Topology-Dependent Alkane Diffusion in Zirconium Metal-Organic Frameworks.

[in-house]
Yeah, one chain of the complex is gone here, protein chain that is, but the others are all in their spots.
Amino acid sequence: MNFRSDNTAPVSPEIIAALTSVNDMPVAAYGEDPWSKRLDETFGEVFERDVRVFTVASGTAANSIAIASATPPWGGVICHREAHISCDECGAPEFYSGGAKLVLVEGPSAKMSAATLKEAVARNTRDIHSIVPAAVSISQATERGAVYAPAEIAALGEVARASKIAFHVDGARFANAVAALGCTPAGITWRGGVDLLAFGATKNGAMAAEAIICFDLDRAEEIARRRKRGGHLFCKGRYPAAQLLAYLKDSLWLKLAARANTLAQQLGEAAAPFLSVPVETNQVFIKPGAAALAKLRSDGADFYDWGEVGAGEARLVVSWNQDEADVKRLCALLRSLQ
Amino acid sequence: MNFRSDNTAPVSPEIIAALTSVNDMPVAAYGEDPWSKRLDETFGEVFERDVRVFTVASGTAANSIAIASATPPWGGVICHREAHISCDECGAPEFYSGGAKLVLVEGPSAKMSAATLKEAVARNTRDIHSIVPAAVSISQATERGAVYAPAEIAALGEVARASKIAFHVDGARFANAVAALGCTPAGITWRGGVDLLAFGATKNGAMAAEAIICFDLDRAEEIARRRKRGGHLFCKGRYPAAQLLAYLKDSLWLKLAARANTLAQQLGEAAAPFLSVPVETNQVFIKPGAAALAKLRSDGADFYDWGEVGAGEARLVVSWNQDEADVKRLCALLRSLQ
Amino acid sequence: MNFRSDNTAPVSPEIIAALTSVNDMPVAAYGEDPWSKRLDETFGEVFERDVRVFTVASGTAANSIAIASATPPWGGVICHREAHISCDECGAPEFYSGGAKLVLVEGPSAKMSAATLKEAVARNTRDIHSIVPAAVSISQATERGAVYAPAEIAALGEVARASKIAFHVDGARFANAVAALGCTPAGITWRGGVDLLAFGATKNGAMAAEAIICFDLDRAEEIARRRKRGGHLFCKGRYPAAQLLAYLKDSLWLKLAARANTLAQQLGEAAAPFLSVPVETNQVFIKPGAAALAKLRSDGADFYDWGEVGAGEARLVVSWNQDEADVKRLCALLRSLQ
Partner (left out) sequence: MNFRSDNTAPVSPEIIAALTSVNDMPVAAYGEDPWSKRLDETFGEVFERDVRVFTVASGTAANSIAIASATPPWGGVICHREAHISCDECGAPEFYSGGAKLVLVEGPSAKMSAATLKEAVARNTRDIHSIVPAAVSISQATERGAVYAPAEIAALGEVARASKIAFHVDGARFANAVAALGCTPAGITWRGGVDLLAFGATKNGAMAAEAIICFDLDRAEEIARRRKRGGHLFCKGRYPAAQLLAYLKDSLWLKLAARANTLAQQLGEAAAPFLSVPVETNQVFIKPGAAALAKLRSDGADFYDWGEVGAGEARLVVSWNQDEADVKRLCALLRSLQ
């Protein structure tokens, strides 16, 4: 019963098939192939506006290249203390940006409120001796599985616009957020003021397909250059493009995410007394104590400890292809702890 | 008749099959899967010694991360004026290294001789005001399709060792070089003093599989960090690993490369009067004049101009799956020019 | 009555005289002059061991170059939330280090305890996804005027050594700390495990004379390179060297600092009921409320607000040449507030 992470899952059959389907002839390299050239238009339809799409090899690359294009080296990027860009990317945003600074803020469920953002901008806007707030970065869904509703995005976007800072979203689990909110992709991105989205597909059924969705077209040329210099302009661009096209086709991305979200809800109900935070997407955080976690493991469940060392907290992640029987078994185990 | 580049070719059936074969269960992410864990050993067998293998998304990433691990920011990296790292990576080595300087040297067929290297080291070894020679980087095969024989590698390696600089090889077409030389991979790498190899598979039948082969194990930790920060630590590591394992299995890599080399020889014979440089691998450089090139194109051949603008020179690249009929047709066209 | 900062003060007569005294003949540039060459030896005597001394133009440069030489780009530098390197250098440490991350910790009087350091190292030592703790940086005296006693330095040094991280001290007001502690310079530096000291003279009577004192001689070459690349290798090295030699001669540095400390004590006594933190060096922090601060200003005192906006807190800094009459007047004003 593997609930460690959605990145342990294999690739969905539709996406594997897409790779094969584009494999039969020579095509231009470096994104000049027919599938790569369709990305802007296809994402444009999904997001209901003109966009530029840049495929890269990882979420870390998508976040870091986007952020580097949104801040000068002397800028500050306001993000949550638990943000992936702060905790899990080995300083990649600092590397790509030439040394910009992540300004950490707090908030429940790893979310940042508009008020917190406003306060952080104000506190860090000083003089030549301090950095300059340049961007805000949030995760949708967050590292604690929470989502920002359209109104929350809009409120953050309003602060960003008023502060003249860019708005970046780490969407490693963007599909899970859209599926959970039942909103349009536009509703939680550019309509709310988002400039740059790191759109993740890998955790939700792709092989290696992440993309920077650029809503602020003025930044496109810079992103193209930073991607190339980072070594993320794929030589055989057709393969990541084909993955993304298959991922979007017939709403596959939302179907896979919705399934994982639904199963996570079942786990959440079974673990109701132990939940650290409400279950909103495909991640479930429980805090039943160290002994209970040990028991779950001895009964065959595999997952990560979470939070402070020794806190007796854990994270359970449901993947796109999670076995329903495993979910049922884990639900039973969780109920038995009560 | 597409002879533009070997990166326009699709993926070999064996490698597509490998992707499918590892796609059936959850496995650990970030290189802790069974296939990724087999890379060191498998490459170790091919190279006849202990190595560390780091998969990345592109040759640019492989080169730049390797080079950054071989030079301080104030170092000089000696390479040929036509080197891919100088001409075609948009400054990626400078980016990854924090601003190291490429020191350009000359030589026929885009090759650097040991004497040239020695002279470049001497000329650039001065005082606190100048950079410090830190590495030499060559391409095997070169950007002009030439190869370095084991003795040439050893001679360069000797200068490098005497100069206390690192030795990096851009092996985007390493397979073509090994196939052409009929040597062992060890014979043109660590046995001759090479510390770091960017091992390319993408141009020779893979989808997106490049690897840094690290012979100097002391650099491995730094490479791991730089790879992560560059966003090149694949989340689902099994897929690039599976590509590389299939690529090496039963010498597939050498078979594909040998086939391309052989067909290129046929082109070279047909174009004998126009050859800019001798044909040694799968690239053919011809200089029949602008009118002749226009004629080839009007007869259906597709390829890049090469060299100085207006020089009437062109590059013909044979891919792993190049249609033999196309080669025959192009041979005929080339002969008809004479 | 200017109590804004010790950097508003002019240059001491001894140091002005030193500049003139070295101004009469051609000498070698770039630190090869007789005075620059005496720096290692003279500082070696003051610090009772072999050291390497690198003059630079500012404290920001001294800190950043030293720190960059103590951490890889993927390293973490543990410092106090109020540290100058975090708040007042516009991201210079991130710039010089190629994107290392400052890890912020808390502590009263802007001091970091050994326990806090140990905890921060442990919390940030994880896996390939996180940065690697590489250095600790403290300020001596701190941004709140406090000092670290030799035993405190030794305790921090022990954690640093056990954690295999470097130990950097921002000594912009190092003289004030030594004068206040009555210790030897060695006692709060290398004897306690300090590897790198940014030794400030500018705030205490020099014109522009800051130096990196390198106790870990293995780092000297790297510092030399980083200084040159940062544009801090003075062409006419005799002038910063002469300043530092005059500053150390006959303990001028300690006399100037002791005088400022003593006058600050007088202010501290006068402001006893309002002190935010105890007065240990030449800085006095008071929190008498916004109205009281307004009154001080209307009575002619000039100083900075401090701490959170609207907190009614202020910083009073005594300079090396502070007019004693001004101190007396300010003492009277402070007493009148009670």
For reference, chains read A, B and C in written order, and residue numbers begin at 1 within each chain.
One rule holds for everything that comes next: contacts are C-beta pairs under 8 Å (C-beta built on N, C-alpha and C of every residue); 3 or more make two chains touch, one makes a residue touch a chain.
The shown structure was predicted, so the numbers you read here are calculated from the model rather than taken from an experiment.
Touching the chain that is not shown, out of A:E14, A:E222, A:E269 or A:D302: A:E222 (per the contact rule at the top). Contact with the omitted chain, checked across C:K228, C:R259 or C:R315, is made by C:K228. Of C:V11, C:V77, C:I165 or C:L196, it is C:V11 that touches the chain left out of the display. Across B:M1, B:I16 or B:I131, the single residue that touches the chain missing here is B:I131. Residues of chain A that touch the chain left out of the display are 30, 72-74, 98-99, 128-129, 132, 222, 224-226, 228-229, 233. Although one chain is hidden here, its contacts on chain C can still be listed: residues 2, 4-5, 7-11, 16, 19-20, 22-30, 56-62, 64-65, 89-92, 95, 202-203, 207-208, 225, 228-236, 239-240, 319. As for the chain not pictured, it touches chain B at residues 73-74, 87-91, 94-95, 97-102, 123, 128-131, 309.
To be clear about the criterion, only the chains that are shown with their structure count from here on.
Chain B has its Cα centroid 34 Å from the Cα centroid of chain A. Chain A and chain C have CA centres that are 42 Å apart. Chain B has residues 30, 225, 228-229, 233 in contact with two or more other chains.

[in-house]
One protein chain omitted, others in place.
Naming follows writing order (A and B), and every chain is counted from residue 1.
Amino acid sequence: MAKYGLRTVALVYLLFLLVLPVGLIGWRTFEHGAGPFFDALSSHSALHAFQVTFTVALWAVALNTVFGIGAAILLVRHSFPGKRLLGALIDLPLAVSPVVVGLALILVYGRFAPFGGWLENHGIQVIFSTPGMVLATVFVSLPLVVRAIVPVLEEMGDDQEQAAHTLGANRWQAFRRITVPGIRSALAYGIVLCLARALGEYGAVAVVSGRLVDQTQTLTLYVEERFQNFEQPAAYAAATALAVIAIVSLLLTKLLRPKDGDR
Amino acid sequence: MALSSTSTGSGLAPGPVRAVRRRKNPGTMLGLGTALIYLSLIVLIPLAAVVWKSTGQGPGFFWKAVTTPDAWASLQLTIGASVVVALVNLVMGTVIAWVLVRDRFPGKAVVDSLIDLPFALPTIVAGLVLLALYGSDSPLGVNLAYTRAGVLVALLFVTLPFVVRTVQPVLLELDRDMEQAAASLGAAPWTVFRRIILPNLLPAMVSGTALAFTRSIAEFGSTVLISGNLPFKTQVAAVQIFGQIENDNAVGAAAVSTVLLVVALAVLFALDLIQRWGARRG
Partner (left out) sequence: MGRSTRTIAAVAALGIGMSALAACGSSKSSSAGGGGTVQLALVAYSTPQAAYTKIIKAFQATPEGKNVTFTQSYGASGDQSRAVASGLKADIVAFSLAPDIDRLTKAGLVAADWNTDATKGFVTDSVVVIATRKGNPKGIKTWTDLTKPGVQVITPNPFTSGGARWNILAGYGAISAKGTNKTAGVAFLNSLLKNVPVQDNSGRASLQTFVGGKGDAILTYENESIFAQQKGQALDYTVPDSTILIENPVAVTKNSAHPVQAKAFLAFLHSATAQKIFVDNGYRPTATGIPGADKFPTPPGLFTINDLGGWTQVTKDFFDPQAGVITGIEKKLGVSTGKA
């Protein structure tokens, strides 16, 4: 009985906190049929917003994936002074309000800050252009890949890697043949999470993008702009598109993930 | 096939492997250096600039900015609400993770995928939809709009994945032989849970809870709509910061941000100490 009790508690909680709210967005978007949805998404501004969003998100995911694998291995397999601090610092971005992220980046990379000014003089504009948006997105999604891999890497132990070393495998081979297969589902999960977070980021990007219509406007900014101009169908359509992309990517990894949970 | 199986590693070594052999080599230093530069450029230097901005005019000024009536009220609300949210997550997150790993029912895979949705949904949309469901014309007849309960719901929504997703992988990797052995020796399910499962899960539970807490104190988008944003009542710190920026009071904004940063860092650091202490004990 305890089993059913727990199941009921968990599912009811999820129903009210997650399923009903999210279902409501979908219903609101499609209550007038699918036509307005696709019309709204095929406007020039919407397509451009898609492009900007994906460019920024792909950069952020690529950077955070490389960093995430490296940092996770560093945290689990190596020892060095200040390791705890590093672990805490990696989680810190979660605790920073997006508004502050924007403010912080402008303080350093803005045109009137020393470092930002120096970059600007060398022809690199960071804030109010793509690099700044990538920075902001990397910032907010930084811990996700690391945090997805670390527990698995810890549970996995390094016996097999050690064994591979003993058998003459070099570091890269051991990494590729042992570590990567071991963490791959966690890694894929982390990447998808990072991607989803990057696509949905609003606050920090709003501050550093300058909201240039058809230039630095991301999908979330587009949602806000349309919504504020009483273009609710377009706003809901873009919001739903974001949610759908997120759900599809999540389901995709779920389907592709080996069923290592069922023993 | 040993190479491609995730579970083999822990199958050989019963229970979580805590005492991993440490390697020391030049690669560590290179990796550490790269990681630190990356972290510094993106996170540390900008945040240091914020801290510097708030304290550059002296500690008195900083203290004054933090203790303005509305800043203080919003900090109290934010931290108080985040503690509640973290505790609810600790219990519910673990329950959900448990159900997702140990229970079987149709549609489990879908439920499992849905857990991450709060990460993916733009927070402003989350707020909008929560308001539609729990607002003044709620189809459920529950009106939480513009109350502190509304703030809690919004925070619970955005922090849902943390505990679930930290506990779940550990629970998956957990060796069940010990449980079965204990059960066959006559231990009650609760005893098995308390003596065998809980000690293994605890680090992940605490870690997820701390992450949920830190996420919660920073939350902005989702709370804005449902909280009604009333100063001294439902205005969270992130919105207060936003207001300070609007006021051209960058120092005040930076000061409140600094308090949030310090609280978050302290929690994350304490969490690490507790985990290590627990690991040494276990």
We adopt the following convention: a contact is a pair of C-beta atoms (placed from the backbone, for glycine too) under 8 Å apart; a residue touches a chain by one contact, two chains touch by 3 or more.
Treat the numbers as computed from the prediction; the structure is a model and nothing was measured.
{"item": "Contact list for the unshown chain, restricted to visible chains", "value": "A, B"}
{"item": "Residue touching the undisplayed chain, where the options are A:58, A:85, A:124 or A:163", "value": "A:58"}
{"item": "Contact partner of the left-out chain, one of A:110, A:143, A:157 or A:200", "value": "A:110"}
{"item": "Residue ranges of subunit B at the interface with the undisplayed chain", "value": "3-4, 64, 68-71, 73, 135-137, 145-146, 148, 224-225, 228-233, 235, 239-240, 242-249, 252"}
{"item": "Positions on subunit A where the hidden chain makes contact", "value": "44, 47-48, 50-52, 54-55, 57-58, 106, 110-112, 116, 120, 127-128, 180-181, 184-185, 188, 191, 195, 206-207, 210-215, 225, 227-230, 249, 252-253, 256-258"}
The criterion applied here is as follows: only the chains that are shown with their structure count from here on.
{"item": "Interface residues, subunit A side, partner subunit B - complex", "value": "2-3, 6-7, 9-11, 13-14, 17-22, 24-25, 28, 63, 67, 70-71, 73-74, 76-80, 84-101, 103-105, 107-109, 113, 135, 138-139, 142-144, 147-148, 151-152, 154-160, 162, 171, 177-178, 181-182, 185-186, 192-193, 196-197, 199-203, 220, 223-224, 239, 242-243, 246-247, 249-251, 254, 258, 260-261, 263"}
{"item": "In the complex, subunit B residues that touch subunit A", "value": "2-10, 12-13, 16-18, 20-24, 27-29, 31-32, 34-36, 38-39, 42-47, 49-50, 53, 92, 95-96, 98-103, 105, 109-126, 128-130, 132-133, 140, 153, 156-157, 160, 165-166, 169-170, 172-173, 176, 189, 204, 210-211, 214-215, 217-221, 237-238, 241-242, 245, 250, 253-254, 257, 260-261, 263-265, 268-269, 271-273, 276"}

Metal-organic frameworks (MOFs) can be designed for chemical applications by modulating the size and shape of intracrystalline pores through selection of their nodes and linkers. Zirconium nodes with variable connectivity to organic linkers allow for a broad range of topological nets that have diverse pore structures even for a consistent set of linkers. Identifying an optimal pore structure for a given application, however, is complicated by the large material space of possible MOFs. In this work, molecular dynamics simulations were used to determine how a MOF's topology affects the diffusion of propane and isobutane over the full range of loadings and to understand how MOFs can be tuned to reduce transport limitations for applications in separations and catalysis. High-throughput simulation techniques were employed to efficiently calculate loading-dependent diffusivities in 38 MOFs. The results show that topologies with higher node connectivity have reduced alkane diffusivities compared to topologies with lower node connectivity. Molecular siting techniques were used to elucidate how the pore structures in different topologies affect adsorbate diffusivities.